The Annual Spectacle of the Super Bowl
A rabbi, a priest, an imam, and a Buddhist monk walk into a bar. Just kidding. They actually get into a Toyota truck, meet up with nuns at a football game, and enjoy interfaith sports fandom. “When we are free to move, anything is possible,” says the voiceover of this Toyota ad that aired during Super Bowl LII. While over 100 million Americans watched this much-hyped event, I suspect many anthropologists did not. I have no empirical proof, but in my quarter century in our discipline, the moral high ground of either boycotting or ignoring this exploitative spectacle is well confirmed. But, some among us had to watch, so this anthropologist dove in.
I tuned in for the ads, the halftime show, and the game (in that order), and I’m here to report on the first. As someone who has written extensively about diversity in advertising, I focused on how people of color were included and represented. Top-line summary: with the exception of a few duds and one line-crosser, they did a solid job, with much room for improvement, especially the inclusion of more Asian Americans and Latinxs. In the absence of scantily clad women—a staple of Super Bowl ads past—many ads skewed toward socially responsible or legitimately funny. Ads were, as expected, very shiny and sparkly, created to debut on this steroidal media platform. With over 100 million viewers and a 30 second ad costing upwards of 5 million dollars, the stakes and expectations were understandably high.
Before I delve in, I will admit that I am torn about following the National Football League, especially as it continues to garner serious negative attention. In 2012, a CTE (chronic traumatic encephalopathy) study illustrated the evident brutality of the sport and confirmed long-term impairment and early death for the afflicted. In 2017, more pressing debates about civil disobedience and taking a knee during the National Anthem sidelined this heated discussion. This act, first performed by former San Francisco 49ers quarterback Colin Kaepernick and emulated by numerous other players, elicited threats of monetary fines and suspensions, none of which were imposed. The tweets of #45 only heighten the jingoism that can get inextricably coupled with team spirit. Ongoing allegations of homophobia and racism are the flotsam that engulf these controversies. But I’ll get back to that in a bit.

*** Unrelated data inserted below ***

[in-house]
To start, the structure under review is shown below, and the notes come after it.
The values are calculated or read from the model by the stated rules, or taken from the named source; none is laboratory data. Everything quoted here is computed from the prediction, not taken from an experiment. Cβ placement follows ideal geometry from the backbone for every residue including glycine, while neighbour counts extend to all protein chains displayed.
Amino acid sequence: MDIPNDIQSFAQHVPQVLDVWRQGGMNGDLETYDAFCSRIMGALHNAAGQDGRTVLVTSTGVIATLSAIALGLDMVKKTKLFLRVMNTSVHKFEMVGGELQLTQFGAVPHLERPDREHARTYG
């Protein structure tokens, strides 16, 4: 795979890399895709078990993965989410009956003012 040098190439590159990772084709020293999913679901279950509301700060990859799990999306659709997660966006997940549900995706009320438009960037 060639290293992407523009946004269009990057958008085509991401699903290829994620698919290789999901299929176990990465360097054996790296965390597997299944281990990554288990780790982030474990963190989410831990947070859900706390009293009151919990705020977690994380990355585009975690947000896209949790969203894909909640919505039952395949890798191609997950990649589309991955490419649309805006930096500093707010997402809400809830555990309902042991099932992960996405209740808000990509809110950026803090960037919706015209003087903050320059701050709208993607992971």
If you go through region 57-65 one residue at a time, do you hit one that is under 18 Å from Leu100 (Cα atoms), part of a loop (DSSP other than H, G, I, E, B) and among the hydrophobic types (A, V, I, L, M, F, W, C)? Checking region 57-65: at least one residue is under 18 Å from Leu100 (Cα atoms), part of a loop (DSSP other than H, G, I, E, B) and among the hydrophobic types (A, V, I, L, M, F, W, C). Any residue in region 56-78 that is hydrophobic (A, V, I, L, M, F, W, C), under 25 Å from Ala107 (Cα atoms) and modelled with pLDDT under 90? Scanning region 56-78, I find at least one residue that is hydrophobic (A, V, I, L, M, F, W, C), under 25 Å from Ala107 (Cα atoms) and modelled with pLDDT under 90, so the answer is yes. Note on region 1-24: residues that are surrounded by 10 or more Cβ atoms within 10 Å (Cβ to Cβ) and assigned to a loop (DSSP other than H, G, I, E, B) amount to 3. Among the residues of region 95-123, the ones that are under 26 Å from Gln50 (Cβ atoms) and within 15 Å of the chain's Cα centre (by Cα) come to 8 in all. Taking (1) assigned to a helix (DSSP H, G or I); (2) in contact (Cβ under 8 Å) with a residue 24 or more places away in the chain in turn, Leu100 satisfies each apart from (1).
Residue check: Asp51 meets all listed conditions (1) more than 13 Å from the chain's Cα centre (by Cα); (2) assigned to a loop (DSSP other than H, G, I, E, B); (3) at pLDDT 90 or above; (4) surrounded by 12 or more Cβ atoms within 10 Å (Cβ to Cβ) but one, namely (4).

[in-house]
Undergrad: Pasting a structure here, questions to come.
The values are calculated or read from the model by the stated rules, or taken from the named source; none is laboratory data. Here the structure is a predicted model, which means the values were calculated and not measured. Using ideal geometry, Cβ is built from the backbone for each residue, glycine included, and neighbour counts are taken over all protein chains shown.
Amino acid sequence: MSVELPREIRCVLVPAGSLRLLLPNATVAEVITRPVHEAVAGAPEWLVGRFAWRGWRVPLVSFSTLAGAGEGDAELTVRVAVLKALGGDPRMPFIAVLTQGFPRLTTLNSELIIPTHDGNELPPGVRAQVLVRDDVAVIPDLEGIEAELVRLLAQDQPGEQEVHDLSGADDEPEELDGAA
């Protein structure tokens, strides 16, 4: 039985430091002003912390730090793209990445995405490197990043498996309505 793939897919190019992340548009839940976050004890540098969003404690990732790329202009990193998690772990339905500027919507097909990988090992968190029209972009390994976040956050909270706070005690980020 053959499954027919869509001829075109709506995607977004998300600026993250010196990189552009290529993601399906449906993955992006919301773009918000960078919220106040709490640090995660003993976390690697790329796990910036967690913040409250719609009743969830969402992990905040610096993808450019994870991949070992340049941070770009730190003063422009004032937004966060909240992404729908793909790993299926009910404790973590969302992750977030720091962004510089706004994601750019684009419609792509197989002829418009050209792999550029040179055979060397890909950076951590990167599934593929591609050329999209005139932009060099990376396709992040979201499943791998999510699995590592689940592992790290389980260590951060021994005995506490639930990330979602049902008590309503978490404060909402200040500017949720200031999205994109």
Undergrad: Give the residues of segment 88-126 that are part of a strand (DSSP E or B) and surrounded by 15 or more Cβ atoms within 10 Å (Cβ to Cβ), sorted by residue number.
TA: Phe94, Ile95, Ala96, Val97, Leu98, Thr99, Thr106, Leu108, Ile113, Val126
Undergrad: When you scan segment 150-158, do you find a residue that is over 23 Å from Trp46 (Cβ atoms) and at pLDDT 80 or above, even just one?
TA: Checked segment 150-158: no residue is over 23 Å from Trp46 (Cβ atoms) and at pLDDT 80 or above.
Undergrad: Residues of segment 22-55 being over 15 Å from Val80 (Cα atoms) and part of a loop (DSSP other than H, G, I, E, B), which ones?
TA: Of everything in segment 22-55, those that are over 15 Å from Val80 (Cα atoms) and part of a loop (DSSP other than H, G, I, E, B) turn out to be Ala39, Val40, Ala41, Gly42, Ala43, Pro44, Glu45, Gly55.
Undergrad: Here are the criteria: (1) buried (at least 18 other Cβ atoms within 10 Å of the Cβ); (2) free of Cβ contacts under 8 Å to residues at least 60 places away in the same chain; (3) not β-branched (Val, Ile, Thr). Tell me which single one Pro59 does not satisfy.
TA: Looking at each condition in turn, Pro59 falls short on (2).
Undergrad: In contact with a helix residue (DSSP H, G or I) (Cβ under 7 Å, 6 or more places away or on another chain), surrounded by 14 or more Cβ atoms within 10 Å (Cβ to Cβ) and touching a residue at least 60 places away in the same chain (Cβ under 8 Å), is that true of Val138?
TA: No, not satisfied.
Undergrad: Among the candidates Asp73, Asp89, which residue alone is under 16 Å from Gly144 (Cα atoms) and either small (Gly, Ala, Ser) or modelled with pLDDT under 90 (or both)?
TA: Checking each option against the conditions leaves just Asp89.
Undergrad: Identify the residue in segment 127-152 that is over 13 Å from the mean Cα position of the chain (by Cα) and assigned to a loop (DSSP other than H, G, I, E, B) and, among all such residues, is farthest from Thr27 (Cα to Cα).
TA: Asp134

A few spots tackled diversity head-on. An ad for Blacture, “a voice and a vision for black culture,” featured hip-hop star Pras removing a blindfold and duct tape—an overt critique of the tone deaf and clueless ways that black culture is often represented (more evidence of this to come). T-Mobile showed us an unending line-up of cute babies in onesies, many of them minorities. In her voiceover, set to the musical backdrop of Kurt Cobain’s “All Apologies,” actress Kerry Washington assured us they would have a better world. Unlike companies that make equity statements without addressing their own corporate imbalances, T-Mobile claims to have a workforce that is 62 percent minorities and 42 percent women. Putting their money with their mouth is, indeed.